Perhaps you already know through experience that your congregation includes a bully – a person, even Christ-follower, who insists that he or she approve, even initiate nearly every change in the church. When the church moves in a direction against this person’s will, he or she turns into a bully.
A church bully is just as likely to be a man as a woman, to be young as old, to be a pastor or a lay person. The common thread to every person who bullies is the conviction that nothing take place in the church without his or her approval. Why? Because, as Eddie Hammett notes, “its all about them, their values, their preferences, and their comfort.” (See “Bullying in the Church” at www.thecolumbiapartnership.org)
Church Bullies practice both active and passive bullying. As active bullies, they gossip, slander, and sow discord (II Corinthians 12:20). They repeatedly make threats and verbally attack individuals - usually the pastor. As passive bullies, they reduce their involvement in the church. Their favorite passive aggressive behavior action is to stop giving money to the ministry of the local church. When bullying the worship ministry, they may intentionally arrive late for the service so they don't have to put up with the music. When bullying the pastor, they may choose to attend services but read the church newsletter or a book (such as the Bible) during the pastor’s sermon.
According to Hammett, church bullies are “growing across the country as churches struggle with decline in numbers—attendance, membership, participation, impact, finances and loyalty issues. So often church bullies surface and target the pastor and staff, blaming and often falsely accusing their leaders for the decline in their church’s metrics or status.”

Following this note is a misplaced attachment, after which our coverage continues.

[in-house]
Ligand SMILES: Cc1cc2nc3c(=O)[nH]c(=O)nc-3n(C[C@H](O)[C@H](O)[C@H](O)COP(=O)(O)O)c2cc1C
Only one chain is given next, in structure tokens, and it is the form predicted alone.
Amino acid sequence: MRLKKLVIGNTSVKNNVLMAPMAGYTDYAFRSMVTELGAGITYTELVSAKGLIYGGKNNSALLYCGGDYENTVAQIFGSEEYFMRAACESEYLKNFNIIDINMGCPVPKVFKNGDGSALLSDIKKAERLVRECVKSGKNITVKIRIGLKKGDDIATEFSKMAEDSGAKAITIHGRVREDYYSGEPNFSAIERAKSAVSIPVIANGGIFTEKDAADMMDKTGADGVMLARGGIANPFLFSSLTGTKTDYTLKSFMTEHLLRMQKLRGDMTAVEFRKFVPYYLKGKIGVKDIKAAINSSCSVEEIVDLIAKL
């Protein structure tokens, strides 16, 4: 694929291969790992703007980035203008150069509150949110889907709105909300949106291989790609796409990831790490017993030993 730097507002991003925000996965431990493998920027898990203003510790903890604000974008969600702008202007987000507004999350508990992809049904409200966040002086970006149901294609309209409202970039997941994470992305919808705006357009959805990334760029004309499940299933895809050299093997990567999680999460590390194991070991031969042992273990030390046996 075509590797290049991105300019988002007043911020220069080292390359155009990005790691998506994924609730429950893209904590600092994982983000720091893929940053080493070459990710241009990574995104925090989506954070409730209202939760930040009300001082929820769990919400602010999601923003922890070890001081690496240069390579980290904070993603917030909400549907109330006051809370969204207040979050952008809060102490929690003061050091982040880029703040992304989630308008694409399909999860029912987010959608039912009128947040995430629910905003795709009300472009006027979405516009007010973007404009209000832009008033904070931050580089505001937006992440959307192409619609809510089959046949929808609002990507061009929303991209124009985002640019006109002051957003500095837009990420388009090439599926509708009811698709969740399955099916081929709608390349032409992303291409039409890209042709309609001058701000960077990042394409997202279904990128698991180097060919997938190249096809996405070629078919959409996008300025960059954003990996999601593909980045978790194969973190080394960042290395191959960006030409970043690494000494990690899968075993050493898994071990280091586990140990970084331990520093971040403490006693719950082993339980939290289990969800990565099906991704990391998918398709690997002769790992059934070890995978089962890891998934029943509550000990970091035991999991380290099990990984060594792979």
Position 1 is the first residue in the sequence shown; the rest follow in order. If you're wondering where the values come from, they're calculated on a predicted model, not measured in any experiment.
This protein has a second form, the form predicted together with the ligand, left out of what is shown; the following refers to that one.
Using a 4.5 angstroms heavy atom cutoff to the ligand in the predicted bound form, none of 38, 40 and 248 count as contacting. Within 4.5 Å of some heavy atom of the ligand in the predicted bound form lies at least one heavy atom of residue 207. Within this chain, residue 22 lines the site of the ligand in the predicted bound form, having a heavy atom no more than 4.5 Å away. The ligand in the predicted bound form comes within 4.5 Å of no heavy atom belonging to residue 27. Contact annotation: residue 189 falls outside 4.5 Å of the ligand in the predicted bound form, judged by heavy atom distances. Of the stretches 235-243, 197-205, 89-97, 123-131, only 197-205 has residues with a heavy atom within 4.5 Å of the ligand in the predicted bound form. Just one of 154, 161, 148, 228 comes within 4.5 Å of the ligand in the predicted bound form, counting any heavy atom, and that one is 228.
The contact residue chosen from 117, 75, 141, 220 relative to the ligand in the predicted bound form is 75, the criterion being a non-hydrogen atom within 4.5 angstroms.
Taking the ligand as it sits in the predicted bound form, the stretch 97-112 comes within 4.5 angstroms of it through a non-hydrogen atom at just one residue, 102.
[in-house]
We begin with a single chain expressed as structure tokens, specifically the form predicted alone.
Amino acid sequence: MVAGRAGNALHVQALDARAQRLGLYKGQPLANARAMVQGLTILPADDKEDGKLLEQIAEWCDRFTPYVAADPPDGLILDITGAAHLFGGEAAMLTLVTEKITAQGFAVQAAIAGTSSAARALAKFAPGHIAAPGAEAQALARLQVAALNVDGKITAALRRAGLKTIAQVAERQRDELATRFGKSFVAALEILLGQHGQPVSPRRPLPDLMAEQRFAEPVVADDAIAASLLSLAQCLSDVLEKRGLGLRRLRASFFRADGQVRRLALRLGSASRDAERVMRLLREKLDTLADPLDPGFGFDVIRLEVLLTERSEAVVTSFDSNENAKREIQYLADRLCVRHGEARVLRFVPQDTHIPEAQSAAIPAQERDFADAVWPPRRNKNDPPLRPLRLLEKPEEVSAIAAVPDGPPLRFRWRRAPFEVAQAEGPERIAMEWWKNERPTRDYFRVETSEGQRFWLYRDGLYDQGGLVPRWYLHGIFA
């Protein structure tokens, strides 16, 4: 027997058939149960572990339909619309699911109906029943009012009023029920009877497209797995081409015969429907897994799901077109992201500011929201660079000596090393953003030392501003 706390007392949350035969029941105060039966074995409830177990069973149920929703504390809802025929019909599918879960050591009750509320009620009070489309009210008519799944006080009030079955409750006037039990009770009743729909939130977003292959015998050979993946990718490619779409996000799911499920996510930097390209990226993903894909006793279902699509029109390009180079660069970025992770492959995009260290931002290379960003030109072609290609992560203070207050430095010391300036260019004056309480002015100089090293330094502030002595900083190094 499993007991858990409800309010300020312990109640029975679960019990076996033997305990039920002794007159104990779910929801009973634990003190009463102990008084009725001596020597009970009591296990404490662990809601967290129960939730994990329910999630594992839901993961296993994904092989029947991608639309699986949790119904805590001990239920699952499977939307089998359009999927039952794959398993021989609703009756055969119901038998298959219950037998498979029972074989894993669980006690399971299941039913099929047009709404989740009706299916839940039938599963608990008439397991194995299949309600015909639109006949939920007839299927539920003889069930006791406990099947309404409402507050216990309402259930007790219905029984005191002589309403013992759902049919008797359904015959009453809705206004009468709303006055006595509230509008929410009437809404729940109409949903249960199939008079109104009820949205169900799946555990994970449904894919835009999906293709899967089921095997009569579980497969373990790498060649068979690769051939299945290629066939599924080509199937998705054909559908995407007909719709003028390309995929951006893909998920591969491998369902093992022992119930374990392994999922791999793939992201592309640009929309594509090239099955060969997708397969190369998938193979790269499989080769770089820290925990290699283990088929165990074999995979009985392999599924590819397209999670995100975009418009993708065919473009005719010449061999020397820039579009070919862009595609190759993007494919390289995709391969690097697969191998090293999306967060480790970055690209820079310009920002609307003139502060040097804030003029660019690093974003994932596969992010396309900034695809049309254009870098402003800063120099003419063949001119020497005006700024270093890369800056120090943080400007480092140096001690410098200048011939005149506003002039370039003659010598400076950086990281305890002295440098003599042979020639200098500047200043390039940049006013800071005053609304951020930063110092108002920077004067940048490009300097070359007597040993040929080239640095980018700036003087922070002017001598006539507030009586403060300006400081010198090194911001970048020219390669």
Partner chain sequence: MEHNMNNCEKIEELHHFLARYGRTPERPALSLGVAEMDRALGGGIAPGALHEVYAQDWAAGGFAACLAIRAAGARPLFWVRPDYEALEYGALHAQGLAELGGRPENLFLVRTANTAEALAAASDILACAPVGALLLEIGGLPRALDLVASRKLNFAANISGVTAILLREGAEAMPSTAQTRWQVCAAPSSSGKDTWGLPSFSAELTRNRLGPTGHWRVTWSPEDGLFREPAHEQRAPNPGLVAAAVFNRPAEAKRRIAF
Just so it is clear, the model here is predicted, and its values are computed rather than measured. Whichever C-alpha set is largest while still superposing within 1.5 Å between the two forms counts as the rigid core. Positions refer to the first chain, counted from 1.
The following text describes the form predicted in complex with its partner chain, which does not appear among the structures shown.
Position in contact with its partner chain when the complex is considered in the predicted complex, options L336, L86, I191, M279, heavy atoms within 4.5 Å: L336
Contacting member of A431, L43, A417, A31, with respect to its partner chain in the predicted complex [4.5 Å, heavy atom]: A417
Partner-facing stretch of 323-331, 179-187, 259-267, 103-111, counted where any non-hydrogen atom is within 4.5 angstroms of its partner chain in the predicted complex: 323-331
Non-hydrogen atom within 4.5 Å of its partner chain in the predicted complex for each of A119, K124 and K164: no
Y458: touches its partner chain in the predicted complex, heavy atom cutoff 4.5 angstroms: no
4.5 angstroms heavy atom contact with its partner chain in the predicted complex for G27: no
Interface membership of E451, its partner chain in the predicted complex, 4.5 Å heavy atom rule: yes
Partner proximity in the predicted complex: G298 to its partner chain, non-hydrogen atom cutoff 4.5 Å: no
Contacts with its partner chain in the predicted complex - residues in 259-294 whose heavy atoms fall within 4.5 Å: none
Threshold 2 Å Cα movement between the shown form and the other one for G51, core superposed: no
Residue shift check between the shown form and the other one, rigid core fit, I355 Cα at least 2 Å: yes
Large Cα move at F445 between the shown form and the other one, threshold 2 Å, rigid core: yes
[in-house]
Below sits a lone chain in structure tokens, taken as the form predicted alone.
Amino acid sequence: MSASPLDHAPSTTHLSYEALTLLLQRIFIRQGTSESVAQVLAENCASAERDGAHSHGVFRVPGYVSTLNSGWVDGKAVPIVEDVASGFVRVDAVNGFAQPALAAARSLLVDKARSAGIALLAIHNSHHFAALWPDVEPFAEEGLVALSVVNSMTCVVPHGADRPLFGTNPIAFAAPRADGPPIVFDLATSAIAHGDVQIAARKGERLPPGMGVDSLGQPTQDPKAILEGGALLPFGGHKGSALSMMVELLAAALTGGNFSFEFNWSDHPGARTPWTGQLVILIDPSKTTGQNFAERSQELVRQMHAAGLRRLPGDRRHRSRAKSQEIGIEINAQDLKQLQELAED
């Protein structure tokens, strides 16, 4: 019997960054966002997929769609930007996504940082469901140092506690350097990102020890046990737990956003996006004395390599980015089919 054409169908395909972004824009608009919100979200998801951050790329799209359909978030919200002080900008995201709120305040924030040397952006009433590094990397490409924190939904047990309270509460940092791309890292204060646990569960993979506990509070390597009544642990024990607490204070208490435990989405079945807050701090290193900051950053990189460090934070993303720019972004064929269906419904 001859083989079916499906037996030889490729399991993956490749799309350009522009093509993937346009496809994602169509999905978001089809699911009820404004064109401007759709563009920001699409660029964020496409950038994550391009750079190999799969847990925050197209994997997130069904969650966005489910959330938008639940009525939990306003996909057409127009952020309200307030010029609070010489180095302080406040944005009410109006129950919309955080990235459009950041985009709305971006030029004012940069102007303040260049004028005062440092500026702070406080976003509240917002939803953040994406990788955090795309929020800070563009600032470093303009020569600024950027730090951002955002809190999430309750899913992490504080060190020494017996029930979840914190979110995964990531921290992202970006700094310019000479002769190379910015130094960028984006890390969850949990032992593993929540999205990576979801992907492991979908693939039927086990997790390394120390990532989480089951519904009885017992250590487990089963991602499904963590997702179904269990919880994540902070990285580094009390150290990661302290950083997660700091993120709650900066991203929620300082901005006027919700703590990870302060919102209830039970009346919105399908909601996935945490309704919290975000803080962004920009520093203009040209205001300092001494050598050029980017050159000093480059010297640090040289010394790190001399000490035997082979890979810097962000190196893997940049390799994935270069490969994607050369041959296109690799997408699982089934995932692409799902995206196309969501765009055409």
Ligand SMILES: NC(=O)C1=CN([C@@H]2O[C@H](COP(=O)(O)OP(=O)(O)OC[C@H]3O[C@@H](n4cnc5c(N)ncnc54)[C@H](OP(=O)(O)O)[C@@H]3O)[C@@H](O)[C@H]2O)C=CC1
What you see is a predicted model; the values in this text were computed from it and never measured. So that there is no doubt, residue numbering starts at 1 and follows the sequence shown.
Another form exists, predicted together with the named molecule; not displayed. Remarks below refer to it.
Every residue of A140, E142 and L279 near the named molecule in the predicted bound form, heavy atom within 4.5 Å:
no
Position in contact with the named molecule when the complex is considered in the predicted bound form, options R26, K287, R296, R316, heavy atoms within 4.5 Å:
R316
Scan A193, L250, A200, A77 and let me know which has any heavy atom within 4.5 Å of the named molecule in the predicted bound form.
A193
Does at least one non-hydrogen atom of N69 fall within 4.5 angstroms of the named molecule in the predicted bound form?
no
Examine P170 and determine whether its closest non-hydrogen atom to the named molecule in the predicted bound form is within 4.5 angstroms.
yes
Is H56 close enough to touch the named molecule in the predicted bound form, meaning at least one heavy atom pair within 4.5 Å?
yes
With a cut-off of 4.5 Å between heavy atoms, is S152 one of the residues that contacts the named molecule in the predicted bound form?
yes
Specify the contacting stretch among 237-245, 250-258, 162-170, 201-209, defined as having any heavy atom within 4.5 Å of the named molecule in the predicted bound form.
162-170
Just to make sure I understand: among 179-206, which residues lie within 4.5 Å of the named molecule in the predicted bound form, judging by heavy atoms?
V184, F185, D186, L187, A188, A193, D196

How should a congregation respond to bullies?
First, acknowledge their presence. Very few congregations are without bullies and, furthermore, there is probably a bully inside every person just waiting for the right time and place to show itself.
Second, discern the Spirit. When receiving push back by an individual for a decision ask, “Is this behavior motivated by the Holy Spirit or by something else?” Or, “Is this person contributing to our decision-making process (perhaps even prophetic) or trying to bully us?”
Third, hold bullies accountable for their actions and attitudes. In other words, practice church discipline – real hands-on discipleship. This will most likely involve partnering with Christian therapists who may help individuals understand the motives behind their behaviors.
Fourth, resist the temptation to demonize bullies. My hunch is that some bullies may not be regenerated by the Holy Spirit, but that is not for me to judge. I would like to hope that most church bullies are devoted Christ-followers who, like all Christ-followers, have a blind spot or two in their walk with the Lord. The bully's particular blind spot influences how they respond to change in the church. Hence, the need for #3 above.
Fifth, don’t be a bully. I offer that word particularly for pastors. Hammett writes, “I acknowledge too there are clergy bullies out there who are driven by personal preferences, comfort zones, and often seek to force the church into molds or styles they are professionally more comfortable with rather than contextualizing ministry and facing their own learning curves and challenges.” I concur for I have been a church bully. For that I ask forgiveness from the Lord and His bride.